3. On the Add to Comparison screen, select the Systems tab to see the systems that are checked into your Insights for RHEL inventory.
  4. In the Name column, select the checkboxes for two or more systems and click Submit. The Comparison screen opens, showing the state of facts in the systems.

Comparison results can also be filtered by baseline facts. This feature allows you to focus on the most relevant data when creating comparisons.

  1. Click the Fact Name drop down and choose Fact type.
  2. Next, click on the Show drop down and then check the box next to Baseline facts only.

Filtering by comparison state: Click the View drop-down list and select Same to show only the facts for which values are the same, Different to show only the facts that are different, or Incomplete Data to show only the facts where the information is incomplete. You can also select a combination of Same, Different, and Incomplete data states, and clear selections as necessary. When you first add systems for comparison, all three options are selected by default.

+ img filter view options

+ * Filtering by fact name: Enter your first fact name in the search box at the top. For example, entering kernel as a filter displays all facts with names that contain kernel. To view all packages, enter installed_packages in the search box. * To add additional fact names, type the fact name in the search box and press *Enter. You can add as many fact names as you need for your filter.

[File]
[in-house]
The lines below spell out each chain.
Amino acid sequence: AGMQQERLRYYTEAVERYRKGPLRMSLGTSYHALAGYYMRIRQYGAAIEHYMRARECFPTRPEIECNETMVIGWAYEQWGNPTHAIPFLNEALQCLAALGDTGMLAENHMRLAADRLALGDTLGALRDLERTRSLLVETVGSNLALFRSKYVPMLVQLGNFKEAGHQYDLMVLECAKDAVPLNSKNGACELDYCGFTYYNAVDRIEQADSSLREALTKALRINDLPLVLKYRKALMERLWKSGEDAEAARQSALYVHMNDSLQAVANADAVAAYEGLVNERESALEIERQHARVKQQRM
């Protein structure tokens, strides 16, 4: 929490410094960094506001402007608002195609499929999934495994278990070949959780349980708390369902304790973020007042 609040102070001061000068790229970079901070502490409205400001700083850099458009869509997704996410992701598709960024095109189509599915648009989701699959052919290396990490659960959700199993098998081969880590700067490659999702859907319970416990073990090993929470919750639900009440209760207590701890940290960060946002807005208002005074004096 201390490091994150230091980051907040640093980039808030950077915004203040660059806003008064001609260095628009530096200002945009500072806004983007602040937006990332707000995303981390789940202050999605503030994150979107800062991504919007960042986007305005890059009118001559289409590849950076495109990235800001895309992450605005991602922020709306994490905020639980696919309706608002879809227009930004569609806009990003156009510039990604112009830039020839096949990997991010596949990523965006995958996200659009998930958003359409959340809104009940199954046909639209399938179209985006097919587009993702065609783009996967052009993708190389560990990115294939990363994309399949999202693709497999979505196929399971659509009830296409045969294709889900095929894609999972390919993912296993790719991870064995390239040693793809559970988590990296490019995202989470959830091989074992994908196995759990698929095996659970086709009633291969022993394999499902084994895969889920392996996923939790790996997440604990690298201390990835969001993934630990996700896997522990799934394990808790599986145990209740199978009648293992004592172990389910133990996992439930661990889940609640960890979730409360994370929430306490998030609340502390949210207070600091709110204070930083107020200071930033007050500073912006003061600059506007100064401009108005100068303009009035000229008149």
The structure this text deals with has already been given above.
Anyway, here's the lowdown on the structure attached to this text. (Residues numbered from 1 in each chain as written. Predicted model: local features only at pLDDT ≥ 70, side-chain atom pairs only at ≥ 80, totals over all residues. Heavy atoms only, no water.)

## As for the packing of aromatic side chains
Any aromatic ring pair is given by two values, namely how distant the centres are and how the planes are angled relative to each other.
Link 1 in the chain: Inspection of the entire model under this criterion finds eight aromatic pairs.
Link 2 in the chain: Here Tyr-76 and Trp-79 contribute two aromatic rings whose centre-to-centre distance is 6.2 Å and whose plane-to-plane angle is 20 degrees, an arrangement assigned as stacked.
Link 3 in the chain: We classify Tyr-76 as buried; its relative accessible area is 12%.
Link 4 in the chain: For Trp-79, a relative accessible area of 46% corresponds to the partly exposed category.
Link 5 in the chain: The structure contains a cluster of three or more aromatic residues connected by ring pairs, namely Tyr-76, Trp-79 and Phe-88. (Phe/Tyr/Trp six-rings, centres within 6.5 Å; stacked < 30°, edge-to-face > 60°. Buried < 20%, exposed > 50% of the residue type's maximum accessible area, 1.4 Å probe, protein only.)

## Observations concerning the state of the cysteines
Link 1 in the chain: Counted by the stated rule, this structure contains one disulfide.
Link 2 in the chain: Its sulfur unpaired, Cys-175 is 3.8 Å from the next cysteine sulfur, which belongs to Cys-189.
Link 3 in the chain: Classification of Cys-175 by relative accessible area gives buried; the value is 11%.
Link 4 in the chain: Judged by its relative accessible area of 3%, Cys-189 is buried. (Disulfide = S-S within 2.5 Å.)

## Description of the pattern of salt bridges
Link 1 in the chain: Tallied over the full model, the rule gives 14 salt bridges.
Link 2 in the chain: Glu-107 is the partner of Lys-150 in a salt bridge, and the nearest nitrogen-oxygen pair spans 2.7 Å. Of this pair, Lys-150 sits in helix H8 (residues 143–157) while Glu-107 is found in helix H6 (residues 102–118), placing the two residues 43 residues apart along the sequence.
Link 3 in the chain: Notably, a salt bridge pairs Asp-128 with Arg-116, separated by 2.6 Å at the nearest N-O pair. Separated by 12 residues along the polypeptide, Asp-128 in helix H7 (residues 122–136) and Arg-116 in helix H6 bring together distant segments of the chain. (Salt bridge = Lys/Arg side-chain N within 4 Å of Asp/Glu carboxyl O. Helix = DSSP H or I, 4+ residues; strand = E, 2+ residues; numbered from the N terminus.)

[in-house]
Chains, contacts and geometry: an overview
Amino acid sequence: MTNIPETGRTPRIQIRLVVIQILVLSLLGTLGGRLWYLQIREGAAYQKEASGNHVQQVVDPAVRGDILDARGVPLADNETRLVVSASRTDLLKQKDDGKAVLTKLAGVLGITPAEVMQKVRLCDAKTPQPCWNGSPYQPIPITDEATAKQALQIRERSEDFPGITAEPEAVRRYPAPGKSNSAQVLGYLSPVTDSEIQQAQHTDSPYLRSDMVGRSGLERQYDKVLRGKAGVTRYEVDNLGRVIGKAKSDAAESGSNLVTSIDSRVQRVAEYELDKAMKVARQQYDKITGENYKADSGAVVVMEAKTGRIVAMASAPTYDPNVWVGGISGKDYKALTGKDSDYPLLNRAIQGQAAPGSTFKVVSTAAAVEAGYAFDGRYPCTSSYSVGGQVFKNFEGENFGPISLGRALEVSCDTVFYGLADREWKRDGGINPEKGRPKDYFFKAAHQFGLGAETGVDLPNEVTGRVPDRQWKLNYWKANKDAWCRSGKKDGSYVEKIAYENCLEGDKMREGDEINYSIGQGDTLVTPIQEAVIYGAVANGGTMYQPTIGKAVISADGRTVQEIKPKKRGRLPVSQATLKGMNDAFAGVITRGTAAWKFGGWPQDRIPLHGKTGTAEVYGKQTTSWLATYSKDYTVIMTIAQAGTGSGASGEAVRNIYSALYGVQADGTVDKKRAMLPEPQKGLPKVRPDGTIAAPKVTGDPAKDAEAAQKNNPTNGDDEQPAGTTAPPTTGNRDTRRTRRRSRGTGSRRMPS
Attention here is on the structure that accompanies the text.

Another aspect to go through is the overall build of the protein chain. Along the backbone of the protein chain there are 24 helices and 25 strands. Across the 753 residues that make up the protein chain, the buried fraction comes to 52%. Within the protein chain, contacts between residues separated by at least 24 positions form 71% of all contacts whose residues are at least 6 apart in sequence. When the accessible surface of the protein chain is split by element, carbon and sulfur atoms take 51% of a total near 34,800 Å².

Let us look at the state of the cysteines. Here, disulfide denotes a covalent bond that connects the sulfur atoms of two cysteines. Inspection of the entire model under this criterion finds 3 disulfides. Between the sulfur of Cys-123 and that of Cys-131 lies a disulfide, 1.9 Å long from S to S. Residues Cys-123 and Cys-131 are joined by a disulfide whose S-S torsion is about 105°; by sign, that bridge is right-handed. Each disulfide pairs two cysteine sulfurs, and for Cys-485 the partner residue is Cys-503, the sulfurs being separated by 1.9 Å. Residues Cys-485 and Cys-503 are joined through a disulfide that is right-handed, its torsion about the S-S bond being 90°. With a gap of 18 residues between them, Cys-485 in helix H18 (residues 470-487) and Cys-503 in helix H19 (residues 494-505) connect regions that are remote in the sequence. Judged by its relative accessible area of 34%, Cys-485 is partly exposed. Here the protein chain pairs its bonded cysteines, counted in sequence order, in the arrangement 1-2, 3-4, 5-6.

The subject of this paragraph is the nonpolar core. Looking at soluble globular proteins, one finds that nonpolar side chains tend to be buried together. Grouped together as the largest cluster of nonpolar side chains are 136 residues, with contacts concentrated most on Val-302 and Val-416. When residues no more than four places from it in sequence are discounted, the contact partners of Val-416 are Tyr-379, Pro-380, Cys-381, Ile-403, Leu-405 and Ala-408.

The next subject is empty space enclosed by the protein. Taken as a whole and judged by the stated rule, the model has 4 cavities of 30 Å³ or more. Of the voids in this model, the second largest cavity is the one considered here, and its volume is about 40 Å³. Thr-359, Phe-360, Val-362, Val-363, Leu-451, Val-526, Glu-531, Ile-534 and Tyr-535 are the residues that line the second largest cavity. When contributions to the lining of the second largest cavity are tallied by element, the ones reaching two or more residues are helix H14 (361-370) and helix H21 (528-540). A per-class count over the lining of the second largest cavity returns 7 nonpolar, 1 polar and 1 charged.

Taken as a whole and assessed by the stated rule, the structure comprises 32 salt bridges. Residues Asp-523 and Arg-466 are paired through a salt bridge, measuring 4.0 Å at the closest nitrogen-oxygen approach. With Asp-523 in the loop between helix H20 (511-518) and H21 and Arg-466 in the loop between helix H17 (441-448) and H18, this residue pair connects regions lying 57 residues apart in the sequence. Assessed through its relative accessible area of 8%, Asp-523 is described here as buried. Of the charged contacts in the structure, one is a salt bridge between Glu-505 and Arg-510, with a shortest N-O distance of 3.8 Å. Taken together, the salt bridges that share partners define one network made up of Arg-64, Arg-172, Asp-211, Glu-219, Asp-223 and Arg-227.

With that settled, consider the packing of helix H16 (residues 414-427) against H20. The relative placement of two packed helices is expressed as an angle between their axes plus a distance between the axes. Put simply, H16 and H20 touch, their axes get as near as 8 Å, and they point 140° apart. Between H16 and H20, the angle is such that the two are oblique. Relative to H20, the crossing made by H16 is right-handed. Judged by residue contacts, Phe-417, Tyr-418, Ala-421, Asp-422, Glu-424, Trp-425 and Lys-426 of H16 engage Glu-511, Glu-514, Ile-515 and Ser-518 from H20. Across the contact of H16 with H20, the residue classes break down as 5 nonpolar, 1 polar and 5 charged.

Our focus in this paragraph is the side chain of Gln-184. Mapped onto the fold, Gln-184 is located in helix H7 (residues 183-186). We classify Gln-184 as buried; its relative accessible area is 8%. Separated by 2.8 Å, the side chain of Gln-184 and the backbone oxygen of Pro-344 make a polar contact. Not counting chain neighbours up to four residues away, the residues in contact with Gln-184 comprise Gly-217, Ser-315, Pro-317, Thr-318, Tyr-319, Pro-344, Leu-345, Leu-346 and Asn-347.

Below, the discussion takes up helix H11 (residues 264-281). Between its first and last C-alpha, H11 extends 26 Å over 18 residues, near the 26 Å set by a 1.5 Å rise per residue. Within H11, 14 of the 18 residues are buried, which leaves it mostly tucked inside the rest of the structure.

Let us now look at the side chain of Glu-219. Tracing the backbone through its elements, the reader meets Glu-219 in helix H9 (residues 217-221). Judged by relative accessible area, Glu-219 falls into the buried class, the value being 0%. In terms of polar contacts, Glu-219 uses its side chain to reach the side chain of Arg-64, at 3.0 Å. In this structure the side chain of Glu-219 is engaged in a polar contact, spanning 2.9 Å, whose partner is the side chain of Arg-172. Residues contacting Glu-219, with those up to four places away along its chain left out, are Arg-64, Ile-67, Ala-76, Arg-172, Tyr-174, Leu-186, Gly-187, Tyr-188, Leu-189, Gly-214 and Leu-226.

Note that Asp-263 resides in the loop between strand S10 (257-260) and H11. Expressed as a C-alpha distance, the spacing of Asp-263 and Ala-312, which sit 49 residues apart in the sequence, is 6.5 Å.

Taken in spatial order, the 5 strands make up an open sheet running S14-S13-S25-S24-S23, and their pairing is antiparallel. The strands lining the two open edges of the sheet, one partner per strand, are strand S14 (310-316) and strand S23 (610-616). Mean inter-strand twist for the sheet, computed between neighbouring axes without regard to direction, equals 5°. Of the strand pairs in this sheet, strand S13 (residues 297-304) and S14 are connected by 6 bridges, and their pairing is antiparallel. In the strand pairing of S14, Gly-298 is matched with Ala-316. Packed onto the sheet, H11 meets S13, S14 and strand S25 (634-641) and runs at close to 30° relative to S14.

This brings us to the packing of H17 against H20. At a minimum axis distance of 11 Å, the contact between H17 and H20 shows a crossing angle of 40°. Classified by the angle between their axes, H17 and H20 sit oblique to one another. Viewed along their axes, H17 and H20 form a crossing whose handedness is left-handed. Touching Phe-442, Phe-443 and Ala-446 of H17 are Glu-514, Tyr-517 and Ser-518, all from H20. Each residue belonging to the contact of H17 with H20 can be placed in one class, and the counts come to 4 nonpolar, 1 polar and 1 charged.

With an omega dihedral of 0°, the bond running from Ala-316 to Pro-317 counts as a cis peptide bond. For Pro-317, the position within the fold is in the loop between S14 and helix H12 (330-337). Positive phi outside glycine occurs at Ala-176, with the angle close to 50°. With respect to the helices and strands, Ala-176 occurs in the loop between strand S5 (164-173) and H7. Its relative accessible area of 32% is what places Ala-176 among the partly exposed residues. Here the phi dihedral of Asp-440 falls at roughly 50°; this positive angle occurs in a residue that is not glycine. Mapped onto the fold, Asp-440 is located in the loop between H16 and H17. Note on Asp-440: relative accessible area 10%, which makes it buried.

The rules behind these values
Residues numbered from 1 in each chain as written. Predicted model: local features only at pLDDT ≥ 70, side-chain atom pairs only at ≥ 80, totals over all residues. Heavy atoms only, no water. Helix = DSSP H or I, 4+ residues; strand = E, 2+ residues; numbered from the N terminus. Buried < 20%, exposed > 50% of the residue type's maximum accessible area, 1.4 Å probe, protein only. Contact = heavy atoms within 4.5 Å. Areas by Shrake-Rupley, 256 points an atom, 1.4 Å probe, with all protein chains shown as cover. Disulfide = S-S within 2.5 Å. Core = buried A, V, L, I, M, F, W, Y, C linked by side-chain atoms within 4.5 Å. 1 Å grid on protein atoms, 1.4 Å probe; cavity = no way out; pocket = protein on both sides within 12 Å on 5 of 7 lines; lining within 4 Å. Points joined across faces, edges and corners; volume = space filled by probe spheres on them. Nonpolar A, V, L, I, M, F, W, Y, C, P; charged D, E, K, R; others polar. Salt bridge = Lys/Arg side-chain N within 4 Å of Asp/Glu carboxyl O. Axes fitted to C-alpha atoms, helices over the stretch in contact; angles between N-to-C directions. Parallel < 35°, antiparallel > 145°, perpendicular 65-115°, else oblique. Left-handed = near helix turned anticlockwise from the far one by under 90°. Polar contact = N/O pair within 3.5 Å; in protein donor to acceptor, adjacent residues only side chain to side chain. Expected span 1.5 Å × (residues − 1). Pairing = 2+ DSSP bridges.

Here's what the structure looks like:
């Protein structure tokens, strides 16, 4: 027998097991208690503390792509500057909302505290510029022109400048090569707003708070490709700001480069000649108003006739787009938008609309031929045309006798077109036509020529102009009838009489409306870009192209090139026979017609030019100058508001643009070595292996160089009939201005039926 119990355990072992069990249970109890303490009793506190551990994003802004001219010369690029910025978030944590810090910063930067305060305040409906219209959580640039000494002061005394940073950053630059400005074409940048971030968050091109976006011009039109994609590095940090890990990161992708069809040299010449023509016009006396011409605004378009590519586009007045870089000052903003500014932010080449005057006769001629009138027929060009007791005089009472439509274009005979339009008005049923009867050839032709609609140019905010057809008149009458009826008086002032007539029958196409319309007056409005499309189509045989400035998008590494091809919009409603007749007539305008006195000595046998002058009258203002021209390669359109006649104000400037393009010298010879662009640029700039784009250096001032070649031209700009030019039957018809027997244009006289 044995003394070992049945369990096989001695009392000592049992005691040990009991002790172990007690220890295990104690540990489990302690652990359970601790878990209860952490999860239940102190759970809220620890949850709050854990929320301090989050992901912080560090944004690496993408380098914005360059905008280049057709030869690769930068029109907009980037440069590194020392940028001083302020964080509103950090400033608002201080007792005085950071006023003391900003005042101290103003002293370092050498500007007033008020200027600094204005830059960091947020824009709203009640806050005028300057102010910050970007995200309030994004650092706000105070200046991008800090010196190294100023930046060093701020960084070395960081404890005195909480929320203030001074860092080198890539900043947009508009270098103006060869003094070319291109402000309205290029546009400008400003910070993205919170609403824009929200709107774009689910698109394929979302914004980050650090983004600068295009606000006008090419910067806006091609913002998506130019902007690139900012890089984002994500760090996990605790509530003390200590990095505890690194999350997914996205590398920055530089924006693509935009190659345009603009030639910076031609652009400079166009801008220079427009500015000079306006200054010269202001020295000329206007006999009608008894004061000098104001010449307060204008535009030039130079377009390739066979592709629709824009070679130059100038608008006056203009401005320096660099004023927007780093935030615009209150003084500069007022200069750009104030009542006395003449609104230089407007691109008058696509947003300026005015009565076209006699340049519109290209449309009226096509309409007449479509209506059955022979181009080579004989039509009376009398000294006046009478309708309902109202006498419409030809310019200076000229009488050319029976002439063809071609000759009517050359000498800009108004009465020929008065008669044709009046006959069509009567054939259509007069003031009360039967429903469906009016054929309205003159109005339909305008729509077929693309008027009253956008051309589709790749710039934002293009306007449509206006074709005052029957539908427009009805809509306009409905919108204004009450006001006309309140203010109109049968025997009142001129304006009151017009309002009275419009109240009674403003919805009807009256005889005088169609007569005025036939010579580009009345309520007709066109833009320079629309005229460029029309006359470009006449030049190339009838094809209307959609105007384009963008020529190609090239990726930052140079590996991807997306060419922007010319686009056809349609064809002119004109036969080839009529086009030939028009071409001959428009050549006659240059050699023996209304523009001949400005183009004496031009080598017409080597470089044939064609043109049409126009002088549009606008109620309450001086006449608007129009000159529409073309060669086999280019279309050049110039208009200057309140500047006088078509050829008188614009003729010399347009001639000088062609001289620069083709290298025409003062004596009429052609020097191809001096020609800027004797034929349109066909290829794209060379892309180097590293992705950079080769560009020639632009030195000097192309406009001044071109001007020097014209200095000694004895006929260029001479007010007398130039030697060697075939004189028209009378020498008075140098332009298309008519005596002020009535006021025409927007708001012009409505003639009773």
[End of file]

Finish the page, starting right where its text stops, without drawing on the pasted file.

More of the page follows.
+ * Filtering by fact category: Enter your first fact category in the search box to compare systems by that category. Examples include installed_packages, installed_services, kernel_modules, network_interfaces, yum_repos, cpu_flags, and enabled_services. To add additional fact categories, type the category name in the search box and press Enter. You can add as many fact categories as you need for your filter.

In the following example screen, you can see the system comparison data filtered by facts that show a difference across systems. Some facts, such as the fqdn, are expected to be different for each system, but the installed packages are expected to remain the same. Over time, some packages have been upgraded on system 1, but not on system 2 and system 3. To see these changes, expand the fact category installed_packages.